In Mozambique, some of the most common crops—maize, cassava, and sorghum—have very low yields per hectare. Most farmers do not have access to reliable information on the status of their crops and are afraid to risk using costly inputs such as high-quality seeds, on-time irrigation, and fertilizer for fear of wasting these precious resources.
FutureWater provides smallholder farmers with insights that are critical to improving their application of limited resources such as water, seed, and fertilizer. The Flying Sensor provides high-resolution spatial information beyond the visual spectrum. Flying Sensors are equipped with near-infrared sensors that detect crop stress up to two weeks before it is observable by the human eye.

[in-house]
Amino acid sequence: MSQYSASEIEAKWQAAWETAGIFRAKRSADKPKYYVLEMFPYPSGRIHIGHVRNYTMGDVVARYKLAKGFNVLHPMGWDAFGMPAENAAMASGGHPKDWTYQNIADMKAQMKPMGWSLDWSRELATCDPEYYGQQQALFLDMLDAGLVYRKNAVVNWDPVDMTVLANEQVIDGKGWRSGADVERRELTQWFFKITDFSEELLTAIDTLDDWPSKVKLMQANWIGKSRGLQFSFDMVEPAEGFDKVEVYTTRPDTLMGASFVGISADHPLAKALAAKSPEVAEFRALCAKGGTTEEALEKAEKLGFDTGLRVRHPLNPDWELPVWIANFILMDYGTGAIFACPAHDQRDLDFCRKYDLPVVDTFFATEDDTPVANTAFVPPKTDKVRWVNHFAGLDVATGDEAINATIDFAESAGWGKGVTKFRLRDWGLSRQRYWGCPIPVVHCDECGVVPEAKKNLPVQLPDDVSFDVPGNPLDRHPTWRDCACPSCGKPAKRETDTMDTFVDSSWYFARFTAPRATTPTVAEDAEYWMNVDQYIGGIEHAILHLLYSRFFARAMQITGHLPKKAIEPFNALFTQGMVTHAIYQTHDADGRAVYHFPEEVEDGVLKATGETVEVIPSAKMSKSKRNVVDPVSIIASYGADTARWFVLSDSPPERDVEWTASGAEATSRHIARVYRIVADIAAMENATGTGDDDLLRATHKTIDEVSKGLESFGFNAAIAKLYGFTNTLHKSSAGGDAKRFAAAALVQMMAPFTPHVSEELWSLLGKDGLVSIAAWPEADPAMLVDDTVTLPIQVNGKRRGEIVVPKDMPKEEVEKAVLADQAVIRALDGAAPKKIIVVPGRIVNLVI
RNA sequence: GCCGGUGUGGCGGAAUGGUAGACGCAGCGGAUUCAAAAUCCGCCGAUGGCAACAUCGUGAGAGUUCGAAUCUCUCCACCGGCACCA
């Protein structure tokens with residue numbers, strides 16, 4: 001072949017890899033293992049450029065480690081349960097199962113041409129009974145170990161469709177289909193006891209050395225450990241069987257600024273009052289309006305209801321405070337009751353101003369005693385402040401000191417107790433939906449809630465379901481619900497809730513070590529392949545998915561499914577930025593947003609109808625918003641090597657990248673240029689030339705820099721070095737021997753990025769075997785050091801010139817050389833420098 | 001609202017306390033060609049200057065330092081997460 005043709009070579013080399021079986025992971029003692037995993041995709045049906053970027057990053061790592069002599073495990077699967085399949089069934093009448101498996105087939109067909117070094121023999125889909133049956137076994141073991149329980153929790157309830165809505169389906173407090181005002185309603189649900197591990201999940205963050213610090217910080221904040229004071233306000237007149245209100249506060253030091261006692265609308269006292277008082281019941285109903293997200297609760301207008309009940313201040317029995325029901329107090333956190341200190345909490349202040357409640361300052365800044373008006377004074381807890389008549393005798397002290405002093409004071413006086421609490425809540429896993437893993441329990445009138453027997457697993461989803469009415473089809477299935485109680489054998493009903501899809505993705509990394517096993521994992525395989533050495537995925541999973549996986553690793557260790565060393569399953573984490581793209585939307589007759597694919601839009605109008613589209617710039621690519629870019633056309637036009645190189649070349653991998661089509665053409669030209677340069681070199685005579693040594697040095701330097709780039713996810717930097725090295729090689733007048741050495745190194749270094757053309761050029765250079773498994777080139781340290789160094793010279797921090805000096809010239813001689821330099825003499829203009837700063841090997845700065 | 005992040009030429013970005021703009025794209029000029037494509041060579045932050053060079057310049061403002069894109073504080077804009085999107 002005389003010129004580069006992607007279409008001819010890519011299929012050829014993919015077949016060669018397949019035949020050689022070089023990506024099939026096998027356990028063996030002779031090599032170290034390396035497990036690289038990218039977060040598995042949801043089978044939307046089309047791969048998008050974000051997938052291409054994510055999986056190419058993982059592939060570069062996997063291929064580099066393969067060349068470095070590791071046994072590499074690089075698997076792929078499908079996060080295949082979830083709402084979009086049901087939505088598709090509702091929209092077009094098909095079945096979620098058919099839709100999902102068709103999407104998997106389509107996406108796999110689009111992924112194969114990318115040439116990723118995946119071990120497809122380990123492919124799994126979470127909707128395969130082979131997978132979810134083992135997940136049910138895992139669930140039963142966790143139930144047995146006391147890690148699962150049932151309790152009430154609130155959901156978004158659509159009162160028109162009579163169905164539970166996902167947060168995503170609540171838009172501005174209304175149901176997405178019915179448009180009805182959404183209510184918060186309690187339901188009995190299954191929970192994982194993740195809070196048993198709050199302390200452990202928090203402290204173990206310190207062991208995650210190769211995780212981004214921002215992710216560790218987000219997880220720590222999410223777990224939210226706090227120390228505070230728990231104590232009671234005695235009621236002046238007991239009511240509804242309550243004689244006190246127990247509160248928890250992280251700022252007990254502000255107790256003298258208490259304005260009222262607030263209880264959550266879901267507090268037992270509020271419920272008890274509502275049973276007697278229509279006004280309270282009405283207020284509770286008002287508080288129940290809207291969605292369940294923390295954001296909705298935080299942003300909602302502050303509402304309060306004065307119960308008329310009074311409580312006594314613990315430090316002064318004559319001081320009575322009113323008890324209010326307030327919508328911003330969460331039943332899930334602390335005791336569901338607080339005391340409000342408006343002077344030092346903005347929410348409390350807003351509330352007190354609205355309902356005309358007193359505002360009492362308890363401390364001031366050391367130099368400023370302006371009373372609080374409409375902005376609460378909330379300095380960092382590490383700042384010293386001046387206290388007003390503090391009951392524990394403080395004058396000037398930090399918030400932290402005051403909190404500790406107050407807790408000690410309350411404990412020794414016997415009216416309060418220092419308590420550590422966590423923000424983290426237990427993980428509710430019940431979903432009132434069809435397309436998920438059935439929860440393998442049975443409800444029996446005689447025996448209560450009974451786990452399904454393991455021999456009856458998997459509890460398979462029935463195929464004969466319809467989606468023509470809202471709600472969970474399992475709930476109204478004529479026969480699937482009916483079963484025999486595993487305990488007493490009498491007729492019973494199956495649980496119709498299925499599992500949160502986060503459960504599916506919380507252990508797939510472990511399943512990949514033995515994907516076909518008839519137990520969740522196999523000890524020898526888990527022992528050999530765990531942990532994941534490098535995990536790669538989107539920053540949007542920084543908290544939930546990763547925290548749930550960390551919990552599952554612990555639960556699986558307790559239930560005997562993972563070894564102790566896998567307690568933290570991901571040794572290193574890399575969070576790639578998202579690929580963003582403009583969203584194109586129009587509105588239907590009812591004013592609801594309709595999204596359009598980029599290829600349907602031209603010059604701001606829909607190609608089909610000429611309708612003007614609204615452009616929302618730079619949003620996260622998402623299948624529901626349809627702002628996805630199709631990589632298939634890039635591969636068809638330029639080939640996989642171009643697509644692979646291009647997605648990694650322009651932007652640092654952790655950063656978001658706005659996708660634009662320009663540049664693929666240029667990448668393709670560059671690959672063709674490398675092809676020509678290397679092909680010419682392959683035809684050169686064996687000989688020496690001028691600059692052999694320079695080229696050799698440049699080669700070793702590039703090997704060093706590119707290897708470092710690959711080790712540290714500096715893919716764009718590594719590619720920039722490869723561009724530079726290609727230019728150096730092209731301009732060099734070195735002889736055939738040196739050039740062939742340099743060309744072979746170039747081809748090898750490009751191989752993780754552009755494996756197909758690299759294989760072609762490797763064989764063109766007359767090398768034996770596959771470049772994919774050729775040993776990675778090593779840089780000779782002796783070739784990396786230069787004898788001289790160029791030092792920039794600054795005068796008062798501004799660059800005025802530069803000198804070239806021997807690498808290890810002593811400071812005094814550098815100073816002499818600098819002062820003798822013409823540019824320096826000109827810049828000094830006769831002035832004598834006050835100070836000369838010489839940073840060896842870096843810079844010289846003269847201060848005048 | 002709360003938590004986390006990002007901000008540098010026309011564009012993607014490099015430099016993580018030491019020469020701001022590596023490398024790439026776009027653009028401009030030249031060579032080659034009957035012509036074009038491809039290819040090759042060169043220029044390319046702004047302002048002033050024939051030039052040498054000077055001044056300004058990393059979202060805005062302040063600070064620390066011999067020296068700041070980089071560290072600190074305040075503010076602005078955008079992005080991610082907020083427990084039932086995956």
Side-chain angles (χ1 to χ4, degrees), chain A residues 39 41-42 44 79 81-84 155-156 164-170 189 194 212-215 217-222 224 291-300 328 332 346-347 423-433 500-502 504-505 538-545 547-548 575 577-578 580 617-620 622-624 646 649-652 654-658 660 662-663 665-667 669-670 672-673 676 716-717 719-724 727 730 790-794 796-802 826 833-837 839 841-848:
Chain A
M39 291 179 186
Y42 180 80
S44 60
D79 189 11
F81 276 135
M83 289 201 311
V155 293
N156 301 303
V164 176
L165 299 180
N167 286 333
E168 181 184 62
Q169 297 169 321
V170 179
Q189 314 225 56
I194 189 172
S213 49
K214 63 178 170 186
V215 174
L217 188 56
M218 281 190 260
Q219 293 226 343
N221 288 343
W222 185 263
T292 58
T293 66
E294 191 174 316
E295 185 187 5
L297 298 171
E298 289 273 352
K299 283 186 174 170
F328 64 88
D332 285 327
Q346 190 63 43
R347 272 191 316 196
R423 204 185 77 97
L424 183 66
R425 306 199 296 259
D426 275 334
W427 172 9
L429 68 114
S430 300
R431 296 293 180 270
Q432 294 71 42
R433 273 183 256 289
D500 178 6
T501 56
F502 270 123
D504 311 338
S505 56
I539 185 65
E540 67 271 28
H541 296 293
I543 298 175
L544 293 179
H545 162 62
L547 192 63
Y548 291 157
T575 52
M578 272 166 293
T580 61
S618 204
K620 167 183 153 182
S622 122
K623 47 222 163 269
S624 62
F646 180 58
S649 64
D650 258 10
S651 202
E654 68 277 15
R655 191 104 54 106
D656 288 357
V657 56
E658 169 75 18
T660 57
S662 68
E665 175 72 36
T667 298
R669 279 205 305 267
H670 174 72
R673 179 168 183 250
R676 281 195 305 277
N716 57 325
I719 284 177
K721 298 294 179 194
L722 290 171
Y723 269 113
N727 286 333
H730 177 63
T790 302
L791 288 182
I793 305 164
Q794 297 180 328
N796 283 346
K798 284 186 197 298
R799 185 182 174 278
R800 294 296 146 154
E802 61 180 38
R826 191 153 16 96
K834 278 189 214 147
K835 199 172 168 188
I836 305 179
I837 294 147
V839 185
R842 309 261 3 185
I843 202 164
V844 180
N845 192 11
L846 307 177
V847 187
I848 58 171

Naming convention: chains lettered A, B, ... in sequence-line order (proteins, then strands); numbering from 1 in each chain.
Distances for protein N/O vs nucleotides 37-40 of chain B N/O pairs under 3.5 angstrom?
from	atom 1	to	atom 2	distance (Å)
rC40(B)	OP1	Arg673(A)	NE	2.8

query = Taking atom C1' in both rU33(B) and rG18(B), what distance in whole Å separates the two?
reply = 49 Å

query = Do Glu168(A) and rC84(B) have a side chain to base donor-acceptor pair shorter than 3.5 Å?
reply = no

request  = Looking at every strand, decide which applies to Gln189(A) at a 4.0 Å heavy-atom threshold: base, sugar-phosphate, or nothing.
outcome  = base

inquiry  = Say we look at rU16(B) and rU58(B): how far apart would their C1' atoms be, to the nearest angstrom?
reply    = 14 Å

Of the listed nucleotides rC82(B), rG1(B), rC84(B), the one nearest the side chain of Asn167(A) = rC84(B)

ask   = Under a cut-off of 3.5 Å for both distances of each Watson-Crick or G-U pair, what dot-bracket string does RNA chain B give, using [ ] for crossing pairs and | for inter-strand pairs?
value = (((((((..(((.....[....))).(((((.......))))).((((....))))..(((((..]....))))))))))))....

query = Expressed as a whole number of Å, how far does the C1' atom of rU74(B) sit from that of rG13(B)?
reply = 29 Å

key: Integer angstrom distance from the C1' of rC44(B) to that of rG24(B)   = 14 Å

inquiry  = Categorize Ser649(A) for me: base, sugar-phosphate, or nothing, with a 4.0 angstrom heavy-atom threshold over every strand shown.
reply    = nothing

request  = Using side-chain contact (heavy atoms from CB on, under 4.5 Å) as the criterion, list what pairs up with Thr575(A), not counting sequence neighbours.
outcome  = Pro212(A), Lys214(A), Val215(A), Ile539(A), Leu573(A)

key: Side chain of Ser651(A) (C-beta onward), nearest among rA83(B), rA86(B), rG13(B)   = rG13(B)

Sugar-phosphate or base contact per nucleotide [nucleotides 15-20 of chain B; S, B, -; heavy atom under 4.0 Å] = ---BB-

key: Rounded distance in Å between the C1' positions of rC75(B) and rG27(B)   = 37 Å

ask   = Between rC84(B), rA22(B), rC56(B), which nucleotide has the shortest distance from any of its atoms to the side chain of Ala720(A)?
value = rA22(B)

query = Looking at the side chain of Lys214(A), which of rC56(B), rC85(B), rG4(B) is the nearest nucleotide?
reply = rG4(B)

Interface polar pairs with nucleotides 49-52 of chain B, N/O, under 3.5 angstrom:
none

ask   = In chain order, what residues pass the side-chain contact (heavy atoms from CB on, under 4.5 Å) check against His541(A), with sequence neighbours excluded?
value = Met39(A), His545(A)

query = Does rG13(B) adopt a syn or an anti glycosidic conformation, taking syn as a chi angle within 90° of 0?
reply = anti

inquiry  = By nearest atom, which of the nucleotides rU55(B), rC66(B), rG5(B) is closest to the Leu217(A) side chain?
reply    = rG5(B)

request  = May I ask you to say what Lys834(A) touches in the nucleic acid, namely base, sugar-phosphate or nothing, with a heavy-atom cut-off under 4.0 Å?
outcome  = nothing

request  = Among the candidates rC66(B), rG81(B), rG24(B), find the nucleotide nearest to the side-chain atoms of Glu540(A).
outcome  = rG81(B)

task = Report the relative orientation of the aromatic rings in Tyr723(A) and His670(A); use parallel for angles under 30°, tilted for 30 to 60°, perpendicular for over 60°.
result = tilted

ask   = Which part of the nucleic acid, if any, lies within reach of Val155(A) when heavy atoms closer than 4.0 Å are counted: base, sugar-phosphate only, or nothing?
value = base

Milestones and Achievements
The first year of FutureWater’s project had promising results. In Year 1, the Flying Sensor benefitted approximately 2,000 households and conducted flyovers on 660 hectares of land. A subset of customers reported that using the Flying Sensor resulted in a 39% water reduction.
This year also saw the innovator focused on navigating Mozambique government regulations, increasing public visibility, and resolving a few remaining technical issues with the Flying Sensor. The innovator has now obtained the necessary clearance from the Ministry of Defense and has learned from the Civil Aviation Authority that there are no regulations applicable to their product.
- Support to navigate and accelerate the Mozambique government’s approval process so that in-country sales can begin.
- Create a marketing and communications strategy, which includes channel identification, corporate messaging, customer research, and partner research.
- Help to establish baseline metrics for water consumption reduction and productivity.